“Offensive behaviour is one of the crimes of immorality, such as offence against public morality, action against the state, counter-revolutionary activity and other catch-all terms, that have always been used to suppress dissent (reasonable and unreasonable)…”
Read the full article online on Spiked here: http://www.spiked-online.com/newsite/article/alexander-adams-hate-speech/21240#.WrN2wmrFLIU
“In November, there was a change in the senior management team of Marvel Comics, marking the latest stage in a bitter fight between creators and fans of one of the world’s most famous brands. To those who had been observing the conflict, this new development was easy to see coming.
Marvel’s survival gamble
In their postwar heyday, comics were a limited range of low-cost items widely stocked in general stores and sold to casual readers; nowadays, comics are a broad range of slightly more expensive items stocked in few specialist stores (and online) and sold to dedicated followers, often for the collector market. Despite shrinkage, the comics market in North America is worth annually about $500million in individual comic-book sales, excluding online and book sales. Although sales in 2011 were healthy, executives in comic-book production were nervous about their readership. The typical superhero-comic purchaser was a 40-year-old white male – a demographically shrinking and ageing profile not being replenished by new young buyers. Economic recession (which started in 2008) hastened the closure of many bricks-and-mortar outlets. Digital versions were cheap to distribute but did not satisfy the strong collecting-reselling-trading culture of comic-book fandom.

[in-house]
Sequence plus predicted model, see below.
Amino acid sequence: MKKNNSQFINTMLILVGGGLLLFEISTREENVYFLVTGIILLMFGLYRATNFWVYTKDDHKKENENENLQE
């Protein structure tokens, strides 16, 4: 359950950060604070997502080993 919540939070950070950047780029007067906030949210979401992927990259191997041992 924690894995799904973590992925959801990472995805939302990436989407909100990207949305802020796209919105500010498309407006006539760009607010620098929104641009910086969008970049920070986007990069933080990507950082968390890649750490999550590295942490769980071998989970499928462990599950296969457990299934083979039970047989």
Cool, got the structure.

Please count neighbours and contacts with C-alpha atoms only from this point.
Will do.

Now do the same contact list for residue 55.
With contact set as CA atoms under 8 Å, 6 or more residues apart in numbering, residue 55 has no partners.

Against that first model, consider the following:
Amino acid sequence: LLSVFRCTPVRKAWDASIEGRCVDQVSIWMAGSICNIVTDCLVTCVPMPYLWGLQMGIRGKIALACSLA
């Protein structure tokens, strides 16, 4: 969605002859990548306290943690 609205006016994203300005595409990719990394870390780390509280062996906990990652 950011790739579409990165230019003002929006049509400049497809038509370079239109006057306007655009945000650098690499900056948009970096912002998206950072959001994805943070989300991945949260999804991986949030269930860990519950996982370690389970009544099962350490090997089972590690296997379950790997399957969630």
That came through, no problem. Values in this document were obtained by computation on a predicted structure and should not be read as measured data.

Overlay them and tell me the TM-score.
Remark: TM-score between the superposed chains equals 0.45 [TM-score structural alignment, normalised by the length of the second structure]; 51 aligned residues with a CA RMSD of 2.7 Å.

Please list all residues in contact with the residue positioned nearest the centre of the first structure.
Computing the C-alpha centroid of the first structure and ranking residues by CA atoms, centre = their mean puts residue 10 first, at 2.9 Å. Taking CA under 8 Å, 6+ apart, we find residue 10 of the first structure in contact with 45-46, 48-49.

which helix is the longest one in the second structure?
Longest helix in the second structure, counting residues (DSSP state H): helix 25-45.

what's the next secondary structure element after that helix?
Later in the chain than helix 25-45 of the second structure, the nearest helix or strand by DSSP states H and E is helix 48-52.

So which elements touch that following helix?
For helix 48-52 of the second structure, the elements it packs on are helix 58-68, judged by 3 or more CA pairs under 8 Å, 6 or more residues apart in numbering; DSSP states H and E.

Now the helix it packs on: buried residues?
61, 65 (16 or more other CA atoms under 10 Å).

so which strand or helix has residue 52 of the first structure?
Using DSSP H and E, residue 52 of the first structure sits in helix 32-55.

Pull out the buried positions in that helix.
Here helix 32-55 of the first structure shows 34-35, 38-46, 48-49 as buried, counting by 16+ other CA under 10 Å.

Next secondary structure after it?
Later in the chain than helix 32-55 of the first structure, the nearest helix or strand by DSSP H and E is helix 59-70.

Anticipating a consumer crisis – and undermined by poor business decisions (including sale of film rights to leading characters, such as the X-Men) – Marvel looked for solutions…”
Read the full article online on Spiked, 29 December 2017 here: http://www.spiked-online.com/newsite/article/comic-fans-take-on-identity-politics/20675#.WkZ9kVVl_IU
“On the eve of the opening of a new exhibition of art by Jean-Michel Basquiat in London, Banksy revealed two painted homages to his American predecessor. The contrast between the most famous exponents of two different generations of street art from opposite sides of the Atlantic could not be greater.
“Jean-Michel Basquiat (1960-1988) is widely considered the founder of the street art movement, which is the crossover of, on one side, graffiti art, mural painting and inscribed poetry and, on the other, the fine arts of museums and galleries. In theory, street art could be simply graffiti or posters from non-gallery settings relocated into museums and galleries, but in practice this is rarely the case. More often, creators who began by making graffiti start working on more portable supports (like the traditional artist’s canvas or board) when there is a commercial imperative. They also make prints or multiples with professional assistants.